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Nerve Toxin Detected in Columbia River in Tri-Cities.
Warning Issued for People and Pets

by Annette Cary
Tri-City Herald, October 14, 2022

More water samples will be collected on Monday from Leslie Groves Park,
Howard Amon Park and Columbia Point for testing.

Environmental health technicians collect water samples from the Columbia River in the Tri-Cities area to be tested for toxins linked to blue algae. (Bob Brawdy photo) People and dogs should stay out of the Columbia River in much of Richland after toxic algae was detected in the water at Leslie Groves Park, the Benton Franklin Health District said Friday afternoon.

Warning signs have been posted from the Leslie Groves Park boat launch at Snyder Street to the boat launch downstream at Columbia Point.

Public health officials are placing the warnings along that entire stretch of riverfront because the toxins can move.

More water samples will be collected on Monday from Leslie Groves Park, Howard Amon Park and Columbia Point for testing.

The toxin poses a threat to people, pets and other animals that spend time in the river, drink untreated water or inhale spray from the river.

It is particularly important to keep children and pets out of the water, since they are most vulnerable to the neurotoxin contaminating the water -- Anatoxin-a, which attacks the nervous system, according to public health officials.

It's not technically algae that causes a blue or green scum on slow-moving water, but a large amount of bacteria, which produce a toxin.

In September 2021 at least three dogs died after swimming in contaminated Columbia River water in the Tri-Cities area. Toxic algae continued to be detected in the river in the Tri-Cities until mid-November.

Public health officials said it was the first time that what's commonly called toxic blue or green algae was known to be in the Columbia River in the Tri-Cities at harmful levels.


It prompted the Benton Franklin Health District to collaborate with Richland, West Richland, Kennewick and Pasco on a new program that started in July to to sample river water every two weeks near the intake at city water treatment plants and at seven recreation sites.

All four cities have Columbia River shoreline or rely on the river for at least some of their drinking water.

The contaminated water was detected through the new routine sampling program, which is designed to detect toxins before a report of an algae bloom or, as happened last year, reports of sick and dying pets.

The Tri-Cities municipal governments also have made sure they have treatment processes in place to neutralize the toxin, after the unexpected discovery of the toxins last year.


In August 2022 toxic blue algae was found in the water in the Burbank area just east of the Tri-Cities, leading to the closure of areas of the McNary National Wildlife Refuge.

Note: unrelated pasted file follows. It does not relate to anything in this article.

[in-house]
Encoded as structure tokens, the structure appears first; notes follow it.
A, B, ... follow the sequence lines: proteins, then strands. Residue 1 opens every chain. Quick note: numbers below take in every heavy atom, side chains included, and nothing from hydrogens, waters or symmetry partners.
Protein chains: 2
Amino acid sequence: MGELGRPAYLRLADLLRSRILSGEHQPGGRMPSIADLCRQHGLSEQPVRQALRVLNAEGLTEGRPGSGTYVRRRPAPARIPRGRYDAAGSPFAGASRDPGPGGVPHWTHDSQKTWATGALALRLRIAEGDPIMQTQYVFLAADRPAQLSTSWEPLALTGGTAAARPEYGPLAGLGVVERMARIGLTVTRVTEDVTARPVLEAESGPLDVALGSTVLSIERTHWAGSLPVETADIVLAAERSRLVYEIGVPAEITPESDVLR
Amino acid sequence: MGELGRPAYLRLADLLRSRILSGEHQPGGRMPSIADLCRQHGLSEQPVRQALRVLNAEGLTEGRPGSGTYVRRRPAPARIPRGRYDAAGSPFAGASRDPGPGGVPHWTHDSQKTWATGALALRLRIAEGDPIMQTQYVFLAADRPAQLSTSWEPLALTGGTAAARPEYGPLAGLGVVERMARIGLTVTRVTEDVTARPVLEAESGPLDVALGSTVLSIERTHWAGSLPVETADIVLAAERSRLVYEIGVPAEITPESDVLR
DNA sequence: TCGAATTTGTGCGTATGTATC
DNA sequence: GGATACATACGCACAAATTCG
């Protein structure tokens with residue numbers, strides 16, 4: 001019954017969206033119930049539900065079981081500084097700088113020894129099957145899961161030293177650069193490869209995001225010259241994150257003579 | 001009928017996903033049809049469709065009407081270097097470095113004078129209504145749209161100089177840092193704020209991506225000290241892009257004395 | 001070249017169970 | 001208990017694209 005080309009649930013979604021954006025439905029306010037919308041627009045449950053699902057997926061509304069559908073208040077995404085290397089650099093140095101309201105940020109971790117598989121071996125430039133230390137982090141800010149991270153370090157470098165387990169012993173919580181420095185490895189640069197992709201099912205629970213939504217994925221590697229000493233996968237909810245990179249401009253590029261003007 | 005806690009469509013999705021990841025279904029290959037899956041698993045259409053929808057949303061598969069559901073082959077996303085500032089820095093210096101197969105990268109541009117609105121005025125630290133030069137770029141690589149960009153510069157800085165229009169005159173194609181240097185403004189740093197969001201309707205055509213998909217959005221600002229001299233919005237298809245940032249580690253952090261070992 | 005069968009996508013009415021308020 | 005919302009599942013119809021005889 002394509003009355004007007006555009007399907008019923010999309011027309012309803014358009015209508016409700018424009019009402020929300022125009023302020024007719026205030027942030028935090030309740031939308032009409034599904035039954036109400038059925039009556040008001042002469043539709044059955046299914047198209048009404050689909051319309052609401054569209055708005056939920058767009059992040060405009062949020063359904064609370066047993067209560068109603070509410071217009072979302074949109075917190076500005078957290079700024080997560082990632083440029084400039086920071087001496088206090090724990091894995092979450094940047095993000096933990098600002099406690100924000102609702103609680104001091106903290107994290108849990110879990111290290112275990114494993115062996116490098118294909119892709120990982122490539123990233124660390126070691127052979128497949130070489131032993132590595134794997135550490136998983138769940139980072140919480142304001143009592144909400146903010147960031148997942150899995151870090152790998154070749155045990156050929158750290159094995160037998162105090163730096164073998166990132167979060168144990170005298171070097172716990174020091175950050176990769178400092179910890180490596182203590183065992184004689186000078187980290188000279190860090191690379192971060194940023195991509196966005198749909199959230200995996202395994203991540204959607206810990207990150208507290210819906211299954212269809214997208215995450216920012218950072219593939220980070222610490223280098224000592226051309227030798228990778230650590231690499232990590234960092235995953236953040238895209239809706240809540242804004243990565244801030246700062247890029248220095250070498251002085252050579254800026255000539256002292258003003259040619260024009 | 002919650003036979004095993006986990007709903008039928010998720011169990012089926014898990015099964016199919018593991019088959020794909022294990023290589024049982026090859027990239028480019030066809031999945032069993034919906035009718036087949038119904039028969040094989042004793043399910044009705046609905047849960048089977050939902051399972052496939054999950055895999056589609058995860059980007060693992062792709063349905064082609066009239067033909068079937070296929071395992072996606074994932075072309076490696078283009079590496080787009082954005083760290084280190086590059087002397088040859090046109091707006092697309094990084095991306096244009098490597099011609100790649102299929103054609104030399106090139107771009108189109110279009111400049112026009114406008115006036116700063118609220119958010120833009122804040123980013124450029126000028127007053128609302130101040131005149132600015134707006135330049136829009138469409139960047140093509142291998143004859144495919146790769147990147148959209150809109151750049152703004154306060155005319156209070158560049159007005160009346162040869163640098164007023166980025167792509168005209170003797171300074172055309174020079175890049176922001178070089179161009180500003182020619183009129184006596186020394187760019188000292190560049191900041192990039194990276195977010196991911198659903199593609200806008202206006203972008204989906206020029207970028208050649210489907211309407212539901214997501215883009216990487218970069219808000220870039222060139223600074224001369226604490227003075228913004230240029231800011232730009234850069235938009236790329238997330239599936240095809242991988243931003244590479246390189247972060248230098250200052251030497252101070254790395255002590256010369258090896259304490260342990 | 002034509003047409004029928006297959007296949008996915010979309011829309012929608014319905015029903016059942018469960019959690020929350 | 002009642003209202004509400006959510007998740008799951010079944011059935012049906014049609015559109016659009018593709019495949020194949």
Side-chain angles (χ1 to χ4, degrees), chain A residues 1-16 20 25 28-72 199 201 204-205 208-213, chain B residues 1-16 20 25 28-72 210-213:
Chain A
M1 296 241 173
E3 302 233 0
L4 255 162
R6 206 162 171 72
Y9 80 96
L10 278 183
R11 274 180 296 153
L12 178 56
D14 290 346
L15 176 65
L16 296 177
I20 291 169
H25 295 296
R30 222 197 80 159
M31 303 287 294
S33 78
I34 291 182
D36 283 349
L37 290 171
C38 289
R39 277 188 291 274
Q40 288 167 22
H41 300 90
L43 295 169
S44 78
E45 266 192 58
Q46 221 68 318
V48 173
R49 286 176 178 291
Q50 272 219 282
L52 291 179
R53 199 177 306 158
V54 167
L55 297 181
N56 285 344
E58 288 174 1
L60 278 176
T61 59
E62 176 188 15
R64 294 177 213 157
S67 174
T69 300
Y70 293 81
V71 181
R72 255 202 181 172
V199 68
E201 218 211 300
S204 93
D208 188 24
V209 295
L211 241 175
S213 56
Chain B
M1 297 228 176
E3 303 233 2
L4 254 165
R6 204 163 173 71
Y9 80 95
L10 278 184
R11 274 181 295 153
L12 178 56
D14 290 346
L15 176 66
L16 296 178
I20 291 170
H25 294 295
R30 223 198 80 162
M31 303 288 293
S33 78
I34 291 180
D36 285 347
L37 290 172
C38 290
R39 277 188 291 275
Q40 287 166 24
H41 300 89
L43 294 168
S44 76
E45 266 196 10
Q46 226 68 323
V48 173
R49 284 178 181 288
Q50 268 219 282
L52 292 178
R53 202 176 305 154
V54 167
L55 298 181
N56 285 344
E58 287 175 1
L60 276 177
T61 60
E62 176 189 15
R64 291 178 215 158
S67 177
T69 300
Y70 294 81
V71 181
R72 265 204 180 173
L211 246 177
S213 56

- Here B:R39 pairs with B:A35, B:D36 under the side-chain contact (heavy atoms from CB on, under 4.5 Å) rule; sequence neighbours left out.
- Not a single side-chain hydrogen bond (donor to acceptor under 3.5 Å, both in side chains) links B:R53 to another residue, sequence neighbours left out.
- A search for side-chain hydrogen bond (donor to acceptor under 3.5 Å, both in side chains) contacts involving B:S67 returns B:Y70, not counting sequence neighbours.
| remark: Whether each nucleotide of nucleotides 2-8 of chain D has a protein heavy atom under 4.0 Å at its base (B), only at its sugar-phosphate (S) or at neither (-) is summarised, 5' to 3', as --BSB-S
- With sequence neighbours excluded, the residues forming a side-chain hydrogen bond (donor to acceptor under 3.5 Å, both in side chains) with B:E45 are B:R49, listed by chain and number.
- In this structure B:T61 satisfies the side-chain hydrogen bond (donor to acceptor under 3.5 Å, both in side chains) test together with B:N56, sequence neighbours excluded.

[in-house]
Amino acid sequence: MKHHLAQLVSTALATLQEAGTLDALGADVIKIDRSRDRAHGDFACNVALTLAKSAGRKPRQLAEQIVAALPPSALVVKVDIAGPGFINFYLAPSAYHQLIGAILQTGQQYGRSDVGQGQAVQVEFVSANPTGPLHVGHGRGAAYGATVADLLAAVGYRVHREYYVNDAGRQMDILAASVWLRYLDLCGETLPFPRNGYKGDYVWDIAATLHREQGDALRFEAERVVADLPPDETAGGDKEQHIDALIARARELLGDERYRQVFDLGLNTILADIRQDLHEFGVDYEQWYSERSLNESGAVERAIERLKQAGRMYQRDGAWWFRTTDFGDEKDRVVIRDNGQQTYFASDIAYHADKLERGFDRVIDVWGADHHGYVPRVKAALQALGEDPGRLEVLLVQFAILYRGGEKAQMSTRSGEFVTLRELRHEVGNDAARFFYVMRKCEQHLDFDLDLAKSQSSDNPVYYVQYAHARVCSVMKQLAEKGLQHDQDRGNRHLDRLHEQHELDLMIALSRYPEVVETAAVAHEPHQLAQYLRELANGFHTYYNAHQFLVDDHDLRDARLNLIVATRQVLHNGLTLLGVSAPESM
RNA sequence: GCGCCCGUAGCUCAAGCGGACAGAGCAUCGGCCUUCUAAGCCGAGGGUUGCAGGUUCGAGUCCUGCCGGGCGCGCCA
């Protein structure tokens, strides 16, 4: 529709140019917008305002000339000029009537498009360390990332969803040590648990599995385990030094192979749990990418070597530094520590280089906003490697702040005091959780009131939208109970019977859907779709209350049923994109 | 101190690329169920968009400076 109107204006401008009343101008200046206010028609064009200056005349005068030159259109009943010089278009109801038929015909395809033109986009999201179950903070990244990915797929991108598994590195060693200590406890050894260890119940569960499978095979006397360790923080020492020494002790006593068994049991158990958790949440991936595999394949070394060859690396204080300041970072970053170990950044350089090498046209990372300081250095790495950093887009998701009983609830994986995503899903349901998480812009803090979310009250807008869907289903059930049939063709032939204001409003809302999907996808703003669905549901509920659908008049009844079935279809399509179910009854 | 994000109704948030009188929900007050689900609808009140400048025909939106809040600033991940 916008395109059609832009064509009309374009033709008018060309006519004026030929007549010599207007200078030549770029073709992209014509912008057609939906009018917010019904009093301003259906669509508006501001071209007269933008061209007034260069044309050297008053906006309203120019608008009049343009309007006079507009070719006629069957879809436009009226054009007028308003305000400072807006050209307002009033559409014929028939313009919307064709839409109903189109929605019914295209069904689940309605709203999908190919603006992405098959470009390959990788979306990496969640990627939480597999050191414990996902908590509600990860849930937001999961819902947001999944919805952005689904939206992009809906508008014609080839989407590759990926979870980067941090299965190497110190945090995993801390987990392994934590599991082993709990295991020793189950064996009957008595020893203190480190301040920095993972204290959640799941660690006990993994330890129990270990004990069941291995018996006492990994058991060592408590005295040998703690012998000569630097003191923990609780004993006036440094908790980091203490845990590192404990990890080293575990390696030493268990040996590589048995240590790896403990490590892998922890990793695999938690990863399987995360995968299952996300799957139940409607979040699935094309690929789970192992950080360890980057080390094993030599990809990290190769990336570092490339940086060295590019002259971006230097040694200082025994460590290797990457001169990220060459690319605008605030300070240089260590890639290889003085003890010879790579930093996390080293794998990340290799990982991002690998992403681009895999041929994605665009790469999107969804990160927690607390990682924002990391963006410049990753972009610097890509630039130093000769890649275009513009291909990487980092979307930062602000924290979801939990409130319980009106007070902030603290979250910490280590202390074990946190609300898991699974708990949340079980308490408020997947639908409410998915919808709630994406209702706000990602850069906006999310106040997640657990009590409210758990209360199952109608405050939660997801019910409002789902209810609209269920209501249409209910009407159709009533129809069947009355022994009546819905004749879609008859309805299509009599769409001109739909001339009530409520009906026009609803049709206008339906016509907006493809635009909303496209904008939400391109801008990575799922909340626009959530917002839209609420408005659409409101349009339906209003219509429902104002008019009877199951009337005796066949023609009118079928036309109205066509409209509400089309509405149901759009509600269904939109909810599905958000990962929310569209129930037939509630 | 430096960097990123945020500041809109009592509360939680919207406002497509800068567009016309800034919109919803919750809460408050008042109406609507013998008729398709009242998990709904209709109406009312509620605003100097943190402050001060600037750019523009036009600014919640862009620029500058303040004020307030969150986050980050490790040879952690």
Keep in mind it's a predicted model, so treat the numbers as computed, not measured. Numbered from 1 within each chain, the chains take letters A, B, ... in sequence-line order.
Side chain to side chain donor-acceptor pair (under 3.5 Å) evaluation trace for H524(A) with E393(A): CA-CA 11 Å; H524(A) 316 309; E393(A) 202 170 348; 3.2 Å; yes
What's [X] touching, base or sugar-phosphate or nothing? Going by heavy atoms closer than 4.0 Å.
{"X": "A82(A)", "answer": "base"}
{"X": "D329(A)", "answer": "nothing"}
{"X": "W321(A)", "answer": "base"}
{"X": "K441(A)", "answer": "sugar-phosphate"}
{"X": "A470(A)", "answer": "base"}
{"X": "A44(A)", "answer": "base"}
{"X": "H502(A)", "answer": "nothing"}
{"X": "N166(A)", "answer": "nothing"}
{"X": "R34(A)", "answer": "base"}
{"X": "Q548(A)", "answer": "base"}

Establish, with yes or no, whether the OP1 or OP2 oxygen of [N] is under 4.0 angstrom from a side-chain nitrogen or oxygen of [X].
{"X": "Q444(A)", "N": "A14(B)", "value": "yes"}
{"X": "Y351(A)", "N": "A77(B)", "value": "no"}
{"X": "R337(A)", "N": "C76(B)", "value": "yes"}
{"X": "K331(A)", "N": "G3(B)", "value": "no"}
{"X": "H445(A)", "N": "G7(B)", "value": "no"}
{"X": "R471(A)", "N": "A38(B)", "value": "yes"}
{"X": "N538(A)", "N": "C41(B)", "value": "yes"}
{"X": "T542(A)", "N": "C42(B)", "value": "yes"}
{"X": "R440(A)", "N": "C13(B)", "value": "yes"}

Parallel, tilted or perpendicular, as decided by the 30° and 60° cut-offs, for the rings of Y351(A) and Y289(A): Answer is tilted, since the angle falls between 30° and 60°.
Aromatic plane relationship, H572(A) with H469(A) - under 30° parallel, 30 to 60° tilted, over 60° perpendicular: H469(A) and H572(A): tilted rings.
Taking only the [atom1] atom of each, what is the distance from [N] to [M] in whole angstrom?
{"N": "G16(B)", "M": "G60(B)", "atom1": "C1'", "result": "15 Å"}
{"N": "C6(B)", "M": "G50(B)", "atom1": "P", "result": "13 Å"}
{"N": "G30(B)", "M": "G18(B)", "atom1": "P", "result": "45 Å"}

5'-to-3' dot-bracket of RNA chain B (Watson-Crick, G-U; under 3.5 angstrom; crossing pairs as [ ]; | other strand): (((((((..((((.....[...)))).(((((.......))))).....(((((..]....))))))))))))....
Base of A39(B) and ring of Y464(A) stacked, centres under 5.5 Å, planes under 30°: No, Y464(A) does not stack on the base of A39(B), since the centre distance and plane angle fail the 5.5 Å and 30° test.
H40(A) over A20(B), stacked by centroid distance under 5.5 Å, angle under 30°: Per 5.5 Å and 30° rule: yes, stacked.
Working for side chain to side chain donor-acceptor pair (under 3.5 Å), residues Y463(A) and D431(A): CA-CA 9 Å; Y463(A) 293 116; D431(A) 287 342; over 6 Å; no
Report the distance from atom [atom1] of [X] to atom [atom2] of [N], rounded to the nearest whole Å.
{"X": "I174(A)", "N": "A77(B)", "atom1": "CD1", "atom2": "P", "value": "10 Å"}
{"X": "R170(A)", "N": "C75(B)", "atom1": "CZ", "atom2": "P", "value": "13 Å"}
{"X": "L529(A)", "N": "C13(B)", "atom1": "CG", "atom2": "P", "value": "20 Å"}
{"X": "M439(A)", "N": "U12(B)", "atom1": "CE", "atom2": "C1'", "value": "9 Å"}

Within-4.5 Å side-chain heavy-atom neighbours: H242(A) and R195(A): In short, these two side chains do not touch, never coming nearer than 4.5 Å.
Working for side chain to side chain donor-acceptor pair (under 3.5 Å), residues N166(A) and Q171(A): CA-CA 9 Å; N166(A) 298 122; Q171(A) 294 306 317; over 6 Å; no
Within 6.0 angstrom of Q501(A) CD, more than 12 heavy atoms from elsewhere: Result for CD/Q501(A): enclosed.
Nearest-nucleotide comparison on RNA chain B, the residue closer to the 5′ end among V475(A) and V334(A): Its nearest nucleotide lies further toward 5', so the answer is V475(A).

Repeat testing showed continued elevated levels of the algae, which is actually cyanobacteria, through the end of September in at least one of the sloughs that are popular areas for waterfowl hunters.

But this is the first time this year that toxic algae was found at harmful levels in the Columbia River in the Tri-Cities.

Symptoms can appear within 15 to 20 minutes after ingesting contaminated river water, depending on the size of the person or animal and how much water they have consumed.


Neurotoxin exposure in animals may result in weakness, staggering, difficulty breathing, convulsions and death. In some cases last year, dogs died before their owners could get them to a veterinarian.

In people, signs may include numbness of the lips, tingling in fingers and toes and dizziness. People who have been exposed to contaminated river water and have those symptoms should seek medical help, say public health officials.

It's far less common for people to die than for pets to die. But there was a case of a teen who died of poisoning two days after swimming in and swallowing contaminated water in a golf course pond in Wisconsin, as reported in the journal "Current Problems in Pediatric and Adolescent Health Care."

If you do swim or play in water that may be contaminated, shower with soap and water afterward.

Toxins also can accumulate in fish tissues, particularly in organs such as the liver and kidneys. If you eat fish caught in areas with a major cyanobacteria bloom, do not consume the internal organs, advise public health officials.


People who see water in Benton and Franklin counties that could be toxic algae -- not just in the Columbia River but also the Snake and Yakima rivers -- can report it to the Benton Franklin Health District. Call 509-460-4205.

You should avoid water that looks foamy, scummy or pea green; is thick like paint; or is blue green or reddish, according to the health district.

There is no way to be sure whether the water is toxic without testing.

The Washington state Department of Ecology maintains a database of areas where algae blooms have been detected. Information is posted at

Related Pages:
Want a Family-fun Time Learning about Snake Dams and Fish? Head to RiverFest this Weekend by Editorial Board, Tri-City Herald, 10/6/22
Health Officials: Water at McNary Wildlife Refuge Still Toxic in Some Areas by Staff, Walla Walla Union-Bulletin, 9/7/22
Shock of Deadly Nerve Toxins in Columbia River at Tri-Cities Prompts New Warnings by Annette Cary, Tri-City Herald, 7/11/22

Annette Cary
Nerve Toxin Detected in Columbia River in Tri-Cities. Warning Issued for People and Pets
Tri-City Herald, October 14, 2022

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